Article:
The news site of Glenbrook South High School.

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The news site of Glenbrook South High School.

The Oracle

The news site of Glenbrook South High School.

The Oracle

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Search and Seizure Policy updated

Mariyam Aleem

Changes to South’s Search and Seizure policy, which has been in place since 2014, were approved by the D225 Board of Education, Principal Dr. Barbara Georges said. All Board of Education policies are required by law to be reviewed regularly, so the changes were part of a routine review, she added. 

The board added a section allowing, during an investigation of improper behavior, school officials to request that students share the reported content from social media, Georges said. Other changes focus on revising outdated language, such as removing references to MP3 players, she added. Regardless of the new language, searches are rare, Georges said.

“The deans only use the ability to search or seize items from a student if they are a risk to [the] security of the school or if the item is illegal,” Georges said.

Every search follows a specific procedure, Ronald Bean, Assistant Principal and Dean of Students, explained. During a search, a student is brought into one of the dean’s offices, and behind closed doors, the student is asked if they have anything they should not, he said. If they do, they are asked to take the item out of their bag or their belongings are searched respectfully, he said.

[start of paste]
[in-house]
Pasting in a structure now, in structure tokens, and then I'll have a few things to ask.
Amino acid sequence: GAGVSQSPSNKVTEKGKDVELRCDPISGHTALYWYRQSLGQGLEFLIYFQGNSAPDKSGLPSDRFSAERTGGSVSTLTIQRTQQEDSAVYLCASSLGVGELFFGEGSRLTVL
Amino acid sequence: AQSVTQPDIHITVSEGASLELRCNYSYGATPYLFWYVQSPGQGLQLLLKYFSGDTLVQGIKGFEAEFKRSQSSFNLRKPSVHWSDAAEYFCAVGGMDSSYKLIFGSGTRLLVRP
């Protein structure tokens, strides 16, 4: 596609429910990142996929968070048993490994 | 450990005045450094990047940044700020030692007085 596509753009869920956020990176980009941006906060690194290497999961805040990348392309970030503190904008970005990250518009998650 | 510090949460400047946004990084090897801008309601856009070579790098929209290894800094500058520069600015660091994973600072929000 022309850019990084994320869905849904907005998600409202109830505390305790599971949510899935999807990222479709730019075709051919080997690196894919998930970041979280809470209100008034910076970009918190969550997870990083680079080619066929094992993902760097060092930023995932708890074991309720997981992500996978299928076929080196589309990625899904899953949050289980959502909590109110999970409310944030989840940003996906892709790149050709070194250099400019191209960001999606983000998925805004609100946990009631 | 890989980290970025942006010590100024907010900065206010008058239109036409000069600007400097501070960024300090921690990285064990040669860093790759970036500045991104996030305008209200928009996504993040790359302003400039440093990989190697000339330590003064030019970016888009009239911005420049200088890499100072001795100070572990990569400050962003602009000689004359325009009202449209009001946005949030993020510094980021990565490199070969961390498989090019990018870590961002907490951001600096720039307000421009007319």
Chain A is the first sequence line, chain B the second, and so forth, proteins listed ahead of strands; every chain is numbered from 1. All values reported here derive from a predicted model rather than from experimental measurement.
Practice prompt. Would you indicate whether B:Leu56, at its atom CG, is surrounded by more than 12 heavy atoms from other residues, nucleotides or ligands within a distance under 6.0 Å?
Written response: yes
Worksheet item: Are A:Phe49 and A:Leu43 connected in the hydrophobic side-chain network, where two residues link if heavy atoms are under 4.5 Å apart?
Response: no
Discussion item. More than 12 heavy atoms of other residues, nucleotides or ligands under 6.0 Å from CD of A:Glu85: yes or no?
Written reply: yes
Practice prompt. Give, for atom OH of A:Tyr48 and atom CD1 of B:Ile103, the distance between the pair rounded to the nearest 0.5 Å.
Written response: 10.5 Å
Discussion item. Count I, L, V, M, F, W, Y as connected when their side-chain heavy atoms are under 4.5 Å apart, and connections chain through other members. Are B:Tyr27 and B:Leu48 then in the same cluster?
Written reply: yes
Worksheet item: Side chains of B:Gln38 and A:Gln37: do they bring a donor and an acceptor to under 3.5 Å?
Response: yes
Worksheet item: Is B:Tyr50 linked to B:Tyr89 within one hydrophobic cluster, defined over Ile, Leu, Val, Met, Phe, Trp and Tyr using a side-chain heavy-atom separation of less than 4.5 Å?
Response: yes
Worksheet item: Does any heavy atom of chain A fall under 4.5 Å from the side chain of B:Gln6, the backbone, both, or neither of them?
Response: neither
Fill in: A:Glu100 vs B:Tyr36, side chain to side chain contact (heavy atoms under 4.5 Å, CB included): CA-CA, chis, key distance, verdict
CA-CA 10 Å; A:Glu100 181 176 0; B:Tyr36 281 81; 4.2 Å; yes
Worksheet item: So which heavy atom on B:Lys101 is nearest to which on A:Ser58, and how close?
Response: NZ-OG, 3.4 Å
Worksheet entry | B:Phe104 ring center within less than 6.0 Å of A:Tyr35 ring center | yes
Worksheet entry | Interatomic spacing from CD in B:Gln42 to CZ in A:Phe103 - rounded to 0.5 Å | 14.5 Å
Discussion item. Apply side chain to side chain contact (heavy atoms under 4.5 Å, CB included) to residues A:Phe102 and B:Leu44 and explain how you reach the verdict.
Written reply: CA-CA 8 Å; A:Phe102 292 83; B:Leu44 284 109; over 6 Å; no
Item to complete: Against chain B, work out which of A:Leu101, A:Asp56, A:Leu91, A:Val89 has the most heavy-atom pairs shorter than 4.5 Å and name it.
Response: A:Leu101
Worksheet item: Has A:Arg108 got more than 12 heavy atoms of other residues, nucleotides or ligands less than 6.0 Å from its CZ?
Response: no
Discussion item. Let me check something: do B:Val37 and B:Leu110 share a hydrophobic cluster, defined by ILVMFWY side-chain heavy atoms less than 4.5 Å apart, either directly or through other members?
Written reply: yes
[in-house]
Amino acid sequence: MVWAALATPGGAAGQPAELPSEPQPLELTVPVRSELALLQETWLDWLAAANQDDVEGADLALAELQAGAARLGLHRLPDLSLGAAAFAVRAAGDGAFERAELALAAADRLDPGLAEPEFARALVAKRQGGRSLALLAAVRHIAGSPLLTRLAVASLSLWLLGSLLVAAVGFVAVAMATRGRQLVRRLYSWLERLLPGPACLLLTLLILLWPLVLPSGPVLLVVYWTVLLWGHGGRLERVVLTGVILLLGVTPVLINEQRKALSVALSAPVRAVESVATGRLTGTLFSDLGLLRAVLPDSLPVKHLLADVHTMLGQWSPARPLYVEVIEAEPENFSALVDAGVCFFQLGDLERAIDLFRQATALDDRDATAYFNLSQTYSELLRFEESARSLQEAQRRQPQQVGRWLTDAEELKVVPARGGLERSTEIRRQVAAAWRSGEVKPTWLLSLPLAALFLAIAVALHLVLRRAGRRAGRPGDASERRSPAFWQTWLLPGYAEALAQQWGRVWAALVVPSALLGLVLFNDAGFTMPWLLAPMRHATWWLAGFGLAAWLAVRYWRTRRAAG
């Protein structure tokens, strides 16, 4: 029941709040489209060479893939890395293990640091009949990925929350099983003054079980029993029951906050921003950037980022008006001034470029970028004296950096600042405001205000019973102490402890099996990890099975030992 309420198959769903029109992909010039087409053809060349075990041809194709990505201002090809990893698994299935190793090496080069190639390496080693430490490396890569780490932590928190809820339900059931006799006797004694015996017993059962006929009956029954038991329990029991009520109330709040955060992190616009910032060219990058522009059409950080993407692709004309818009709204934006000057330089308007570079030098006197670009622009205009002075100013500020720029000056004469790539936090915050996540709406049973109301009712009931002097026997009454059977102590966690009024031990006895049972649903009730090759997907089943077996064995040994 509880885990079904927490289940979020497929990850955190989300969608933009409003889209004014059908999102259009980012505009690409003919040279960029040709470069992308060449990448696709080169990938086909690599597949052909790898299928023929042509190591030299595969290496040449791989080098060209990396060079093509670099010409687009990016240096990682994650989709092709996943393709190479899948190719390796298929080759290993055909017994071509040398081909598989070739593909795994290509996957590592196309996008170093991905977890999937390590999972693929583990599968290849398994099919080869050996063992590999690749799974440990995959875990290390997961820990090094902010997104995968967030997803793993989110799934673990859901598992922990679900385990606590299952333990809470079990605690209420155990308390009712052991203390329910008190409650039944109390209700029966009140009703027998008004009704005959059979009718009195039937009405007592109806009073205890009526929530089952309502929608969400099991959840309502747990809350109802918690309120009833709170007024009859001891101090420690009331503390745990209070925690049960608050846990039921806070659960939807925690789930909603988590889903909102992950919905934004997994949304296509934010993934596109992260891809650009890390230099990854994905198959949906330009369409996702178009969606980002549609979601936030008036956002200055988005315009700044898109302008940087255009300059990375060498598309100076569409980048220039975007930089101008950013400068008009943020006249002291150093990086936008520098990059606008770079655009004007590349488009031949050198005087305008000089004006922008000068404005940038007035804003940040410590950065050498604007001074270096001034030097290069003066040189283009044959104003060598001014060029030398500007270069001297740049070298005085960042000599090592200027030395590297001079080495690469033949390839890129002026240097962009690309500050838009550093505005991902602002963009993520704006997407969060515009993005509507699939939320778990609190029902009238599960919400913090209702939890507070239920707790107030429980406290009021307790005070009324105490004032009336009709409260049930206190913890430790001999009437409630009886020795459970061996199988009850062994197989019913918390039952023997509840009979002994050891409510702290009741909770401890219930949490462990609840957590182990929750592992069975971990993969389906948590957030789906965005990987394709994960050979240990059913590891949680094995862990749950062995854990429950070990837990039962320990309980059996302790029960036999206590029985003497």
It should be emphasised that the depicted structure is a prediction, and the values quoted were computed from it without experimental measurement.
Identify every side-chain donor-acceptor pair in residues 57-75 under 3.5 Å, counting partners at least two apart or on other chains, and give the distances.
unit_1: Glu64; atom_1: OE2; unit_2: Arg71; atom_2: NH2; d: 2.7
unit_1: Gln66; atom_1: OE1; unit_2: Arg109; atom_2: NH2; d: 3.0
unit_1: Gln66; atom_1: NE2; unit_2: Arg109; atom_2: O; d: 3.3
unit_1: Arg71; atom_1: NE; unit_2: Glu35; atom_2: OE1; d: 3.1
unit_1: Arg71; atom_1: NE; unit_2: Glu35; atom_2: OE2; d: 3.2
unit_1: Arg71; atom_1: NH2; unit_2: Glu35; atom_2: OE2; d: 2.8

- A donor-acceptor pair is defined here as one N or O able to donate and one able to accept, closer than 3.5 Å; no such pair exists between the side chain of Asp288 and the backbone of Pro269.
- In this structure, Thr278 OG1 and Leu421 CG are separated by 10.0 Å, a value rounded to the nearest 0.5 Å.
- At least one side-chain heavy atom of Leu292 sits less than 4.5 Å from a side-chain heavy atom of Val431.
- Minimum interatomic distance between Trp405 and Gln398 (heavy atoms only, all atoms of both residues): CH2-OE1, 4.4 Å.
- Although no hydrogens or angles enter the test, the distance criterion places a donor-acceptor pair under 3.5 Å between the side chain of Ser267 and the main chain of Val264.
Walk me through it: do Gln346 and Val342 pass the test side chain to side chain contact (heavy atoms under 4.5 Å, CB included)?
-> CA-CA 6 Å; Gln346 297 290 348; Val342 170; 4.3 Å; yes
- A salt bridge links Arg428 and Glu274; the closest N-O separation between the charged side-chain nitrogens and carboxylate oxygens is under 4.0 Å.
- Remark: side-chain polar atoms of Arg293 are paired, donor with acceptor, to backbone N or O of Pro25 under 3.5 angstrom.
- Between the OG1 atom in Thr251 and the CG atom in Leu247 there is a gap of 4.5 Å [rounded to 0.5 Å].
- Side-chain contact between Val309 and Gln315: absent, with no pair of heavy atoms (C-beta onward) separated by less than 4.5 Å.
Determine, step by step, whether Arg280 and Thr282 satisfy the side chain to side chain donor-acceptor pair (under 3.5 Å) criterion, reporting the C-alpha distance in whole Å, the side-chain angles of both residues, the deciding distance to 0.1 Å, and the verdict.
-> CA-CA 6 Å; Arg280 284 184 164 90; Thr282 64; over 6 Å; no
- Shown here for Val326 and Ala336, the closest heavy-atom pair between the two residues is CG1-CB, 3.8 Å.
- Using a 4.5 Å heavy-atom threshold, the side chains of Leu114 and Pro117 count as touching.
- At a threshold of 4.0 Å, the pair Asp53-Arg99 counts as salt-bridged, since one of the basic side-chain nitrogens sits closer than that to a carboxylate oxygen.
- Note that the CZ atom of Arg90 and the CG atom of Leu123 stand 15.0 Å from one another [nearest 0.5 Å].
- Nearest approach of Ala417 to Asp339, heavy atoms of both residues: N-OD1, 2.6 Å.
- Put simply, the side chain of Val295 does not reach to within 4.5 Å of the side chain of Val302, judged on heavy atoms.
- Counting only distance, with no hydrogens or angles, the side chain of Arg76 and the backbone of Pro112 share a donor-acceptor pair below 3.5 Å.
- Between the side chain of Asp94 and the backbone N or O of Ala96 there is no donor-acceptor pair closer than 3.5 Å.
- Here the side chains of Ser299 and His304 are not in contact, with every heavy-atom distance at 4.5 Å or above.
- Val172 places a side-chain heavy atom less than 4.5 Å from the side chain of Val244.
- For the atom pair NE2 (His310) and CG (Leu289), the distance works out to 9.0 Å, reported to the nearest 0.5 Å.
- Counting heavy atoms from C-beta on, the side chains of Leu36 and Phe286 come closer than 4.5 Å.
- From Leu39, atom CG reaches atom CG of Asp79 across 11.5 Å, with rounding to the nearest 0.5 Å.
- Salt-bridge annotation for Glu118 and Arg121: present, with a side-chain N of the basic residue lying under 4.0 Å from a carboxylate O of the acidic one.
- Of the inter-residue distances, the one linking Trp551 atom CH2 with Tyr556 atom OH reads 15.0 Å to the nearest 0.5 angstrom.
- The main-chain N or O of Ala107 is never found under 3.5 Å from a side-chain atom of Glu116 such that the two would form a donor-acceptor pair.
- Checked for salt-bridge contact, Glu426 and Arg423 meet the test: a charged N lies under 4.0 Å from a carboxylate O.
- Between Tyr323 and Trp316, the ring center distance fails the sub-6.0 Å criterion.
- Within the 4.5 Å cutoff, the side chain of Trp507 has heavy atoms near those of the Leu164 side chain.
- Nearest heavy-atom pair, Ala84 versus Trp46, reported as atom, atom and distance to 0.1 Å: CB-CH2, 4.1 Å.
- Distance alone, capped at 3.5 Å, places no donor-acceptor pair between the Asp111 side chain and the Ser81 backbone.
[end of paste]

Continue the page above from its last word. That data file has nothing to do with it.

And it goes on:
“We try to be sensitive in terms of [making] an uncomfortable situation as comfortable as we can,” Bean said.

In addition to proper procedure, the policy details what items can be searched, Bean stated. Regardless of whether a student provides consent, anything on school grounds can be inspected if there is reasonable suspicion that a student may be in possession of an illegal substance or weapon, Bean said.

“If we have information that leads us to believe a student potentially has something in their bag, on their person, [in] a locker, [or] even in their car on campus, we have the right to search those things,” Bean said.

While the recent changes simply update the policy’s wording, they also raise the question of how policies like these might affect students. While senior Elena Yo feels positively about the policy and its recent amendments, she asks that South officials put their focus on a different issue.

“I like that they’re taking steps to make the school safer,” Yo said. “[However], while updating policies [are] important, the overall mental health of the student body is essential.”

On the other hand, senior Ezo Tuvshintulga believes the updates will lead to a better environment for the school.

“If a student were to make a post that indicates that someone else or themselves are endangered, I think the school is correct to use the [updated policy],” Tuvshintulga said.

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